A framework for analyzing programs written in proprietary languages
There are several commercial products that use proprietary languages, which typically look like a wrapper around (some proprietary extension of) the standard SQL language. Examples of these languages include ABAP, Informix, XBase++, SQR and so on. These application are difficult to analyze not only because it is hard to model the semantics of the underlying database systems but also because of the lack of standard tools for analysis. One naive way to analyse such programs is to collect dynamic trace using proprietary debuggers and run the analyses on the trace. However, this form of dynamic trace collection can be a severe performance bottleneck. In this paper, we present our experience with building a framework to help in efficient program analysis in the context of ticket resolution for ABAP programs.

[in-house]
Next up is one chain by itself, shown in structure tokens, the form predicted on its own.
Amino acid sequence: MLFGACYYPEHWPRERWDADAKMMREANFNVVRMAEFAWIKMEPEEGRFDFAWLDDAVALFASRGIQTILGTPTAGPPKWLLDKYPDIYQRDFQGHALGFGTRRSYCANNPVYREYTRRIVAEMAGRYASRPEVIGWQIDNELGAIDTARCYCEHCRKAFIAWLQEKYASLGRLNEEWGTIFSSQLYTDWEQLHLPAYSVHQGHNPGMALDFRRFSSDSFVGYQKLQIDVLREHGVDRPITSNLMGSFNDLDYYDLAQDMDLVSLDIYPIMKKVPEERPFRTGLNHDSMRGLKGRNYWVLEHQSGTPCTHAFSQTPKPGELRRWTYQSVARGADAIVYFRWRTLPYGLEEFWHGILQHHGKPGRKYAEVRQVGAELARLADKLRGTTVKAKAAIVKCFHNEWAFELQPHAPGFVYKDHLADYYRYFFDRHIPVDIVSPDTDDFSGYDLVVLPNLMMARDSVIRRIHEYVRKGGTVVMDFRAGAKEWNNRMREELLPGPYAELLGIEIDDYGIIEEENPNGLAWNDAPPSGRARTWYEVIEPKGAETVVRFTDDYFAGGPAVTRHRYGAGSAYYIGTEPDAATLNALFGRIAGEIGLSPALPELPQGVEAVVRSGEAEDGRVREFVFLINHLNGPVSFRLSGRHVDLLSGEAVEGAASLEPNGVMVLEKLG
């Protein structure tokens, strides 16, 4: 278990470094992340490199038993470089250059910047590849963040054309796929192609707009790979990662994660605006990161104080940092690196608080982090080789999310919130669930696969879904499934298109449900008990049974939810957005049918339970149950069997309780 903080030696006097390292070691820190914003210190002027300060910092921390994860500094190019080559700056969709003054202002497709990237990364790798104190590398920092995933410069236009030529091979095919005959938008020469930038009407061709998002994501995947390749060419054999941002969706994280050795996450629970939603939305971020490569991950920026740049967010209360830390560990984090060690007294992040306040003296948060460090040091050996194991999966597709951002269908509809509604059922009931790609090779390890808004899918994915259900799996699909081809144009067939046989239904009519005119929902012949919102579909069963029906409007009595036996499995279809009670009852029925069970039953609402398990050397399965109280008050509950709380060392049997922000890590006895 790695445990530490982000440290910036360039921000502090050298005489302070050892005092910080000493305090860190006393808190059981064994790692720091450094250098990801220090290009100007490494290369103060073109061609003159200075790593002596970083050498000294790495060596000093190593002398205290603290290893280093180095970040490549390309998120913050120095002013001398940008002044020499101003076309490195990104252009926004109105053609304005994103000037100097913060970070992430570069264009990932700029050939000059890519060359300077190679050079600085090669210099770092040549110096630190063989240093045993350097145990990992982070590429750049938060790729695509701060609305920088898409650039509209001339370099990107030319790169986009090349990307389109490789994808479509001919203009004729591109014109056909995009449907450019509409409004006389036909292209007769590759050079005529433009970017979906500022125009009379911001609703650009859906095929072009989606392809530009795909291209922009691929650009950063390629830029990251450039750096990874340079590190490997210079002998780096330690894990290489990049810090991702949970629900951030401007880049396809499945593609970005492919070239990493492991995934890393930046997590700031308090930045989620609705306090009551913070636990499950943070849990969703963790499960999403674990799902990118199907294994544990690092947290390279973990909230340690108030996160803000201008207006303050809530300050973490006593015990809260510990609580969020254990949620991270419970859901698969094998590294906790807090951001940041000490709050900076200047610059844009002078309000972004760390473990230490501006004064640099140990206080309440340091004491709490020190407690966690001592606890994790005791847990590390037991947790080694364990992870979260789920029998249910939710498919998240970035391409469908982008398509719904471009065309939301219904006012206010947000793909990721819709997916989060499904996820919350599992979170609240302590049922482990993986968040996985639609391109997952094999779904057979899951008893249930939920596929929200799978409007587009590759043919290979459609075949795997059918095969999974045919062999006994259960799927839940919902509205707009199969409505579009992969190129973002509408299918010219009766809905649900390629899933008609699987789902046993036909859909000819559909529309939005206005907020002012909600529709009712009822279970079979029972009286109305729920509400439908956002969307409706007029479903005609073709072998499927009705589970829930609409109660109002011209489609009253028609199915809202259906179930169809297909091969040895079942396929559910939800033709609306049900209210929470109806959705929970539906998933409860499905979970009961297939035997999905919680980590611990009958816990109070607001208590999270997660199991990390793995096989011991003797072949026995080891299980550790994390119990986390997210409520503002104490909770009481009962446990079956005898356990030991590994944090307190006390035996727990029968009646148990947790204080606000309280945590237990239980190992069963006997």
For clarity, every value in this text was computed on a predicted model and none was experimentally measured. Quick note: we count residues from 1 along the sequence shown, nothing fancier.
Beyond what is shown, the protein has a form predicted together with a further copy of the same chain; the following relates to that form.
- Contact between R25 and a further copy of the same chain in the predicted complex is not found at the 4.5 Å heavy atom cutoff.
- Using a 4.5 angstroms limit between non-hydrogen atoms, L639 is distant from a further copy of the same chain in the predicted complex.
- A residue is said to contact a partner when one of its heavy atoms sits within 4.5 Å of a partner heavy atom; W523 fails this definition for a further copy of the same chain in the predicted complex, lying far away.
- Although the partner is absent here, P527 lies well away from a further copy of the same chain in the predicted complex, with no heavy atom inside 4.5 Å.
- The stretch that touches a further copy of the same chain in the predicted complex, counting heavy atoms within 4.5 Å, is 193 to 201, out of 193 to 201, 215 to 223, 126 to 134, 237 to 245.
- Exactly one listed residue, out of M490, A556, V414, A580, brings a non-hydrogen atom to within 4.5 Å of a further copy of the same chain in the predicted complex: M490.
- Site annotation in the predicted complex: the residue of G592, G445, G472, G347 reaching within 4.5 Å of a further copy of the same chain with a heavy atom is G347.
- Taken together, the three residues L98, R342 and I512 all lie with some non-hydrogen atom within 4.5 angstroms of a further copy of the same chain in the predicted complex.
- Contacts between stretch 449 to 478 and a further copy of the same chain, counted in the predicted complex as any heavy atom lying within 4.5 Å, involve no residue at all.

In our framework, we first translate the given ABAP programs to semantically equivalent annotated Java programs. These Java programs are then executed to generate the required dynamic trace. Our framework allows the plugging of off-the-shelf static analysis tools (applied on the Java programs) and dynamic trace analysis tools (on the generated trace) and maps the results from these analysis tools back to the original ABAP programs. One novel aspect of our framework is that it admits incomplete ABAP grammar, which is an important aspect when dealing with proprietary languages where the grammar may not be publicly available. We have used our framework on several benchmarks to validate the translation, and establish the efficiency and the utility of our instrumented Java code along with the collected trace.